St Mary's Church

Brading, United Kingdom

St Mary's Church dates from the twelfth century. At this church the Rev. Legh Richmond is thought to have originated the now globally popular idea of using boards with movable numbers to indicate hymn numbers during church services. The 13th-century tower is of a very unusual style in that it is built on four piers at the entrance to the church. This is one of only four in examples in Britain. The tower contains a ring of 8 bells which the heaviest weighs 10.5cwt in the key of G. The oldest bell was made in 1594.

The current church building has aspects dating from the late 12th century onward, with the majority of the present building resulting from the alterations of the 14th and 15th centuries. The Oglander Chapel on the eastern end of the south aisle is the resting place of members of that family and includes two elaborately carved and painted wooden effigies of knights placed upon two of the tombs. Whilst installed by the family itself, their appearance does not represent the accurate historical dress of the time for the family members in the tombs beneath. In the north aisle there are funerary hatchments of the Oglander family on the walls, and two fonts from the 13th and 15th centuries.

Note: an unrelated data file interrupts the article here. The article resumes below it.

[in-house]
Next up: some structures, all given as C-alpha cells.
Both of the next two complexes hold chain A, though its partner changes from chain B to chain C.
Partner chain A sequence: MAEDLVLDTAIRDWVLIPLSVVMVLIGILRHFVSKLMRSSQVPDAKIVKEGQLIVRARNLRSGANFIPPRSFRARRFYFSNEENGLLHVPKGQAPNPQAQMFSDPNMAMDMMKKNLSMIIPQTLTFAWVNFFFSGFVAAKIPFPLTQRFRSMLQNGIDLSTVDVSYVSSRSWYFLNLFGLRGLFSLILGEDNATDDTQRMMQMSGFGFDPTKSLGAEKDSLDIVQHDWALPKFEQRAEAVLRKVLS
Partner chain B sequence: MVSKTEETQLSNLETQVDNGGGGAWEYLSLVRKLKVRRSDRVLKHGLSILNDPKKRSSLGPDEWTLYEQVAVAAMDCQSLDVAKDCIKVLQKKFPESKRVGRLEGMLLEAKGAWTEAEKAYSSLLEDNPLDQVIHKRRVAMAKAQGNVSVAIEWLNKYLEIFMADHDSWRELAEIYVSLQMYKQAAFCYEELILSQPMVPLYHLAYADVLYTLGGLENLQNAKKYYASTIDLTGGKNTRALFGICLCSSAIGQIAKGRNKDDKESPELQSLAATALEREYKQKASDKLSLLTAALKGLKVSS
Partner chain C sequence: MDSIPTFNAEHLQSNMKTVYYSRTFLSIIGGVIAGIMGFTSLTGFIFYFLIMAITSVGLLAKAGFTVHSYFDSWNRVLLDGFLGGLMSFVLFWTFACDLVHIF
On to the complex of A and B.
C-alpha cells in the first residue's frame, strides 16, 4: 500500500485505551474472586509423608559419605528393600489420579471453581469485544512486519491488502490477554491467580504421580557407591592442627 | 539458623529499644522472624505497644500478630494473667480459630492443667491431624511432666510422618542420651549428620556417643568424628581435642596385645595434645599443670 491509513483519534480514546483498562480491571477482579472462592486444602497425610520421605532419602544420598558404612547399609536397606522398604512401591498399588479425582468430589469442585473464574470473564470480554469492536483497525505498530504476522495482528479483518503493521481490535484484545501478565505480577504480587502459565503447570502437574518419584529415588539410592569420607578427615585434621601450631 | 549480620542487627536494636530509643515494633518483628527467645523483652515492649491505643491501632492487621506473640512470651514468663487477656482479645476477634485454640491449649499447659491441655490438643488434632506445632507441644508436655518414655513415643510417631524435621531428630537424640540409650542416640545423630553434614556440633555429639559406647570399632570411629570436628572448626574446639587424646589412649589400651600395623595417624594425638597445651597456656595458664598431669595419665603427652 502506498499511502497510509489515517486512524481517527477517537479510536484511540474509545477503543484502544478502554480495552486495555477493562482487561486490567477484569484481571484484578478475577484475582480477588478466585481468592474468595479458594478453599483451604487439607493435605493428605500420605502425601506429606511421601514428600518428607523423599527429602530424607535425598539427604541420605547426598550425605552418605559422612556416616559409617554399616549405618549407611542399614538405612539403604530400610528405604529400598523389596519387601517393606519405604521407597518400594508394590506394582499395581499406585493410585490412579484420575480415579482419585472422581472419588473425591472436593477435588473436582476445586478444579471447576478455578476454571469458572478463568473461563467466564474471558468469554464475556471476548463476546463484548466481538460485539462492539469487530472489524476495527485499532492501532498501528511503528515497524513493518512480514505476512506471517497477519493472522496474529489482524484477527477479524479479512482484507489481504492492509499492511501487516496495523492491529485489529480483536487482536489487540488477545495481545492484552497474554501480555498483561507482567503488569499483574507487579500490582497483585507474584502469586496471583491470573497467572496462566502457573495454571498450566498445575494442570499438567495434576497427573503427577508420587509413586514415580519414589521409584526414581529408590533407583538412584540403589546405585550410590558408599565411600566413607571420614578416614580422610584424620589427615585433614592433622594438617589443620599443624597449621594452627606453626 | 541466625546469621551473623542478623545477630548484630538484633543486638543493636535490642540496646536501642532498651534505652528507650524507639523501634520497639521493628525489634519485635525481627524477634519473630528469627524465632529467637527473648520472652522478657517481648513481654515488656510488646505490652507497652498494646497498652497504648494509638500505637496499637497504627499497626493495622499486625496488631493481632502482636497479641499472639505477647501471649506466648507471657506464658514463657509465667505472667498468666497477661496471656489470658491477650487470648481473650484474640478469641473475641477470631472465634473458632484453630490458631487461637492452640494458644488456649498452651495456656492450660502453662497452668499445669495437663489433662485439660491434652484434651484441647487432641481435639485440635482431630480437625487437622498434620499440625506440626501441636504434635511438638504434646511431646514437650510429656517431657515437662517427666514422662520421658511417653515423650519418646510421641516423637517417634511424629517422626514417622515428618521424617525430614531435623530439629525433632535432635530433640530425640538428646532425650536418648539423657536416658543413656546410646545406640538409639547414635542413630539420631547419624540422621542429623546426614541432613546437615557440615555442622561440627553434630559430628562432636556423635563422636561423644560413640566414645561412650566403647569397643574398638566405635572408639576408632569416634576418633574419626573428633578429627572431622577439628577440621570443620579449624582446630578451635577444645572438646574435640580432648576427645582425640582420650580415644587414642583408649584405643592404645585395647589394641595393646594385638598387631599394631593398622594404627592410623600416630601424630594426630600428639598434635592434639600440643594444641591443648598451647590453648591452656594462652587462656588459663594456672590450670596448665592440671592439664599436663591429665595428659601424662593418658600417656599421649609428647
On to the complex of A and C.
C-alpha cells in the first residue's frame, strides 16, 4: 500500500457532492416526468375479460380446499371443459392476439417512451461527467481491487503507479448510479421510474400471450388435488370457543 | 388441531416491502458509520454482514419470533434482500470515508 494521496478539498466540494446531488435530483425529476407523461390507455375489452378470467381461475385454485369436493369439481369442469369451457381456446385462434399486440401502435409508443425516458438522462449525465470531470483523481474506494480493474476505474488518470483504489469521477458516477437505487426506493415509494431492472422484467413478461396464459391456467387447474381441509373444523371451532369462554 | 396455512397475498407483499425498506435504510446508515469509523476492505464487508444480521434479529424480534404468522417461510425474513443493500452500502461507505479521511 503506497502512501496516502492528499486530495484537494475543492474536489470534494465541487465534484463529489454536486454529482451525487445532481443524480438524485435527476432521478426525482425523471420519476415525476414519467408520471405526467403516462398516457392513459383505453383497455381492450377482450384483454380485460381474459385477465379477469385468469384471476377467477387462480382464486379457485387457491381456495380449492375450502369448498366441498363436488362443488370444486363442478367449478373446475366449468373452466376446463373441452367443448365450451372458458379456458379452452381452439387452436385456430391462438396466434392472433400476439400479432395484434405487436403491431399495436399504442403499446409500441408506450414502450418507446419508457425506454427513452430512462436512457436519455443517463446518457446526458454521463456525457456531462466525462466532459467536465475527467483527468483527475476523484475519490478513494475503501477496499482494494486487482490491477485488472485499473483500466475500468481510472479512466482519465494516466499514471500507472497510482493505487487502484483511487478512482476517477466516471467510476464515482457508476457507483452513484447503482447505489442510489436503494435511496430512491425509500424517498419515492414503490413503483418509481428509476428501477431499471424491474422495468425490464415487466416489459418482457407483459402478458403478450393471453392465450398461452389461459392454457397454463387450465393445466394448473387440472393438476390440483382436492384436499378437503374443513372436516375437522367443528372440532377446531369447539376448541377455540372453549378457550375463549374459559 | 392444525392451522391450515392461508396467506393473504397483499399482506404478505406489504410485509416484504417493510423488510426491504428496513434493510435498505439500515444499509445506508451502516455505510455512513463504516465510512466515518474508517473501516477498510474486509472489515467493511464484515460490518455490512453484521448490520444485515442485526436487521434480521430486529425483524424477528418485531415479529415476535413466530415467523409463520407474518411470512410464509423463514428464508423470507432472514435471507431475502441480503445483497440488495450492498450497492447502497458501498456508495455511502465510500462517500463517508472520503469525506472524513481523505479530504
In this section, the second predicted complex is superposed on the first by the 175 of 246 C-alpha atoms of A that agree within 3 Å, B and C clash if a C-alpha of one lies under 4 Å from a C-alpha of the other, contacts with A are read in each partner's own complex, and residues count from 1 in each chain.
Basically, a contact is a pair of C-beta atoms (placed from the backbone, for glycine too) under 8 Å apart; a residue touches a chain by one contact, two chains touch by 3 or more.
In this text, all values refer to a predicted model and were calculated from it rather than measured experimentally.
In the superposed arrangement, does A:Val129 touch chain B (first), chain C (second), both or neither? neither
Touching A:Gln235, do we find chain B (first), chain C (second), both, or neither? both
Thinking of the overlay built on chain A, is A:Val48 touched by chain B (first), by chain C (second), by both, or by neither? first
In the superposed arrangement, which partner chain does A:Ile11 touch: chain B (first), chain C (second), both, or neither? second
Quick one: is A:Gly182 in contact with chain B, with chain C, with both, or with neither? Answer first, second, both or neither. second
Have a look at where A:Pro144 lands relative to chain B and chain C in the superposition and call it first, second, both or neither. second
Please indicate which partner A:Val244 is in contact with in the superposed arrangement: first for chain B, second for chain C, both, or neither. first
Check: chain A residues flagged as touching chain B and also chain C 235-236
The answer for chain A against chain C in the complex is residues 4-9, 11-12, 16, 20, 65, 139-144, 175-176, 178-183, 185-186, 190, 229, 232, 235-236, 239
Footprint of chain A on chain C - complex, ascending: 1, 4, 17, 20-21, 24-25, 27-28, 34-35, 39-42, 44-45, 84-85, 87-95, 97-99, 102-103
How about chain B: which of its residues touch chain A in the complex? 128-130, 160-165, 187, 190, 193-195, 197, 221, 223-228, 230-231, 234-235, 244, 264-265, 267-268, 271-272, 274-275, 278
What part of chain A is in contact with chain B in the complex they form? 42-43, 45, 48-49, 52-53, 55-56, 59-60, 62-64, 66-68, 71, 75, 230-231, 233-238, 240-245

The churchyard contains the Commonwealth war graves of four British Army soldiers of World War I.



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Founded: 12th century
Category: Religious sites in United Kingdom

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User Reviews

Timothy Welstead (2 years ago)
Lovely church to visor.
C (2 years ago)
A really interesting church building. Really worth a visit to learn about the history of the town of Brading, past residences and businesses.There is also a family Chapel for the past residence of Nunwell House, the Oglander family.
Annmarie Jackson (3 years ago)
Ginge Taylor (3 years ago)
Great village, representing the history of the area on the Isle of Wight. Traditionally a cattle/beef farming area, the town has a monument commemorating the bullring. The church at St Mary's is open each day. The village hall was open and the staff very friendly. As a WW1 reseacher the cenotaph was clean and tidy. A nice touch was that the church had rung the bells to commemorate the 100th year of the passing of islanders who served in WW1.
David Smith (3 years ago)
This is a very pretty old (dating back to 1300s) church in the small town of Brading just a mile or so from the south east coast of the Isle of Wight. I'm not "religious" but decided to drop in one Sunday morning and we enjoyed a very relaxing, interesting, intelgent - not religious led "talk" from the happy and enthusiastic "young" female vicar. It's definitely worth a visit if you are in the area and they have a play area for children and a small "farm" across the graveyard with a few young pigs and goats that little ones will enjoy. It delivered a gentle message to everyone about how we should share our planet.
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